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Health Savings Accounts – The Basics, Part 1

physican by a.drianA Health Savings Account (HSA) is a tax-exempt trust or custodial account that you set up with a bank or other US financial institution which allows you to pay or be reimbursed for qualified medical expenses.  The HSA must be used in conjunction with a High Deductible Health Plan (HDHP).  The HSA can be established using a qualified trustee or custodian that is separate from the HDHP provider.  Contributions to an HSA must be made in cash or through a cafeteria plan.  Contributions of stock or property are not allowed.

Benefits of an HSA

There are quite a few benefits to an HSA:

  1. Contributions to an HSA are deductible from income – even if you don’t itemize deductions;
  2. If your employer makes contributions to an HSA on your behalf (such as via a cafeteria plan) the contributions can be excluded from your gross income;
  3. Your account contributions can remain in the account year-after-year until you use them – there is no annual “use it or lose it” clause;
  4. Growth in the account (via interest, dividends, or capital gains) is tax-free;
  5. Distributions from the account are tax-free if used for qualified medical expenses; and
  6. Your HSA is portable – not tied in any way to your employment with a particular employer.  You take the account with you if you change employers or leave the workforce.

Qualifications for an HSA

In order for you to qualify for an HSA, the following conditions must be met:

  1. You have an HDHP;
  2. You (and your spouse, if married) cannot have any other health plan beyond the HDHP, with the exception of another plan that is limited to the following coverages:
    1. accidents,
    2. disability,
    3. dental care,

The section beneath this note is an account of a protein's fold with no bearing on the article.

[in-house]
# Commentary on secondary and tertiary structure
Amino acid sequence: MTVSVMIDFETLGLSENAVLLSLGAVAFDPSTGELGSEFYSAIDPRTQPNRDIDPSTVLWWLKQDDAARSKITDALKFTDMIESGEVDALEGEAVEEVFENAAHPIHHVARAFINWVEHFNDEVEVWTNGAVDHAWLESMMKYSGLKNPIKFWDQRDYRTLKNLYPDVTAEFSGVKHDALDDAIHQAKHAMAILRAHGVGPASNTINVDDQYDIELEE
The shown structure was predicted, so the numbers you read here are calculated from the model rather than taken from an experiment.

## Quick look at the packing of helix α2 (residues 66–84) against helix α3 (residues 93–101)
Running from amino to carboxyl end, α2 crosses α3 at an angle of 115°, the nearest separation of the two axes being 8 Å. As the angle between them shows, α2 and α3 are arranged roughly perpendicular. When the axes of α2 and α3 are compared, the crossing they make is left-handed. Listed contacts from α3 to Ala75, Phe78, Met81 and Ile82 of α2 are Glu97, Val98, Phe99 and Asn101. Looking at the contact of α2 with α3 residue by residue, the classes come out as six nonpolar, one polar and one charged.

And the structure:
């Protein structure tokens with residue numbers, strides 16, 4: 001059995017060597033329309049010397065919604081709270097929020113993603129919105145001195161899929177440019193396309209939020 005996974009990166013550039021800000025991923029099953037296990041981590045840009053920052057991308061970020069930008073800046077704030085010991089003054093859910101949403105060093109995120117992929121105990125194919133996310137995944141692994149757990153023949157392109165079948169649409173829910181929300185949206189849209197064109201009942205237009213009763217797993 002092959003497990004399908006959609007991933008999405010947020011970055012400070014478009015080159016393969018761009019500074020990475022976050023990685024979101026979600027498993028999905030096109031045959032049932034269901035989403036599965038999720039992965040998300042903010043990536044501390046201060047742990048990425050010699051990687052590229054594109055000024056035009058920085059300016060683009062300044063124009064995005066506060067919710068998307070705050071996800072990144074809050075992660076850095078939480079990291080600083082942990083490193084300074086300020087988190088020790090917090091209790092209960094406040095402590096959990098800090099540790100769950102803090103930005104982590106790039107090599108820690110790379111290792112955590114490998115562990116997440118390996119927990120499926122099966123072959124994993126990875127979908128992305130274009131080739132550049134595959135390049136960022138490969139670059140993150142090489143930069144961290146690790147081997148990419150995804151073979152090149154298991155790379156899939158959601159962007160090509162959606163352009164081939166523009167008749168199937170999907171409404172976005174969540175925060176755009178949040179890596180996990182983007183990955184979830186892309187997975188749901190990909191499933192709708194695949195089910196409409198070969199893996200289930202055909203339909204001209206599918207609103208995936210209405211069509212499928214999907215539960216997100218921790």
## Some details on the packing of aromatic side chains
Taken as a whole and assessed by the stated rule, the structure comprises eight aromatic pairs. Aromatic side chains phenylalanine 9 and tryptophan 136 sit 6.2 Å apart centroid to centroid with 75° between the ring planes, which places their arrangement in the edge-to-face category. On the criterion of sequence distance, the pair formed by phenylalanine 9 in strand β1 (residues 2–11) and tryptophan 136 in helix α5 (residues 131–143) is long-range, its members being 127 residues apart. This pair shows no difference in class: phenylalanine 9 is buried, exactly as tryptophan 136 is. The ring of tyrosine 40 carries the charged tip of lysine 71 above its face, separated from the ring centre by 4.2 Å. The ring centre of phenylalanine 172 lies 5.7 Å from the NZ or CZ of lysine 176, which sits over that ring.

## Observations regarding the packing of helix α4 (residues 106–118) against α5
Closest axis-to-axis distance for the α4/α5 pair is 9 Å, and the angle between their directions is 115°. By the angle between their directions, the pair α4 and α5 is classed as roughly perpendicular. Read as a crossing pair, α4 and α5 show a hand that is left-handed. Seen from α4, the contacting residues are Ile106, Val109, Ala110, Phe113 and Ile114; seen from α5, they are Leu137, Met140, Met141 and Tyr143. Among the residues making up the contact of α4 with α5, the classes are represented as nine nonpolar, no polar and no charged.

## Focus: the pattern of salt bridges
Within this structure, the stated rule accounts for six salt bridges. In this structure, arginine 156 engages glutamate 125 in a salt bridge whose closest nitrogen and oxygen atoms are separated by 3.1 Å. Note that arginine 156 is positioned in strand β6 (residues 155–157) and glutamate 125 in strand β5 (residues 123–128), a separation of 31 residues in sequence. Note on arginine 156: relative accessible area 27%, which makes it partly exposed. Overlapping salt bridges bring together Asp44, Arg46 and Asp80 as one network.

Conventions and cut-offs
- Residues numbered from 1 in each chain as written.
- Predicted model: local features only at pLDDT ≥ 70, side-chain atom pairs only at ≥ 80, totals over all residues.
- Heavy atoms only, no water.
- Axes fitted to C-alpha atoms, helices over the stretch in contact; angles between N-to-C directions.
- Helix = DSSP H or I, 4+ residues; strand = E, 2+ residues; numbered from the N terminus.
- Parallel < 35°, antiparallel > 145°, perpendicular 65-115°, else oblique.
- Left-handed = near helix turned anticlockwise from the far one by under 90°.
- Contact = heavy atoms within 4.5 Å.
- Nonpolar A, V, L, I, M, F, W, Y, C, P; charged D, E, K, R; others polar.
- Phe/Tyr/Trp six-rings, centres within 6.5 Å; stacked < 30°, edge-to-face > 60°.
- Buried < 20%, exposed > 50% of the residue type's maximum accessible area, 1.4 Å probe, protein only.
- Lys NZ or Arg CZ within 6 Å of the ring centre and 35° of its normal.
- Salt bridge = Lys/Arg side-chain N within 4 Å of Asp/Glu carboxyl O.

4. vision care,
    5. long-term care,
    6. benefits related to worker’s compensation laws, tort liabilities, or ownership or use of property,
    7. specific disease or illness, or
    8. a fixed amount per day (or other period) of hospitalization.
  3. You are not entitled to Medicare benefits (i.e., beginning with the first month that you are eligible for benefits under Medicare, you can no longer contribute to an HSA.  You are still allowed to take distributions from your existing plan, however.); and
  4. You cannot be claimed as a dependent on someone else’s tax return.

Qualified Medical Expenses

Qualified medical expenses are those that qualify for the medical and dental expenses deduction under §213. Examples include amounts paid for doctors’  fees, prescription and non-prescription medicines, and necessary hospital services not paid for by insurance. Qualified medical expenses must be incurred after the HSA has been established.

You cannot deduct qualified medical expenses as an itemized deduction on Schedule A (Form 1040) that are equal to the tax-free amount of the distribution from your HSA.

In Part 2 we’ll cover the contribution limits as well as some of the other special considerations for the HSA.

Photo by a.drian

2 Comments

  1. [...] this topic.Powered by WP Greet BoxIn our discussion of Health Savings Accounts (you can see Part 1 here, and Part 2 here), it was mentioned that one possible method for contributing to a HSA is by way of [...]

  2. [...] Part 1 of this two-part article, we introduced the concept of the Health Savings Account.  In this [...]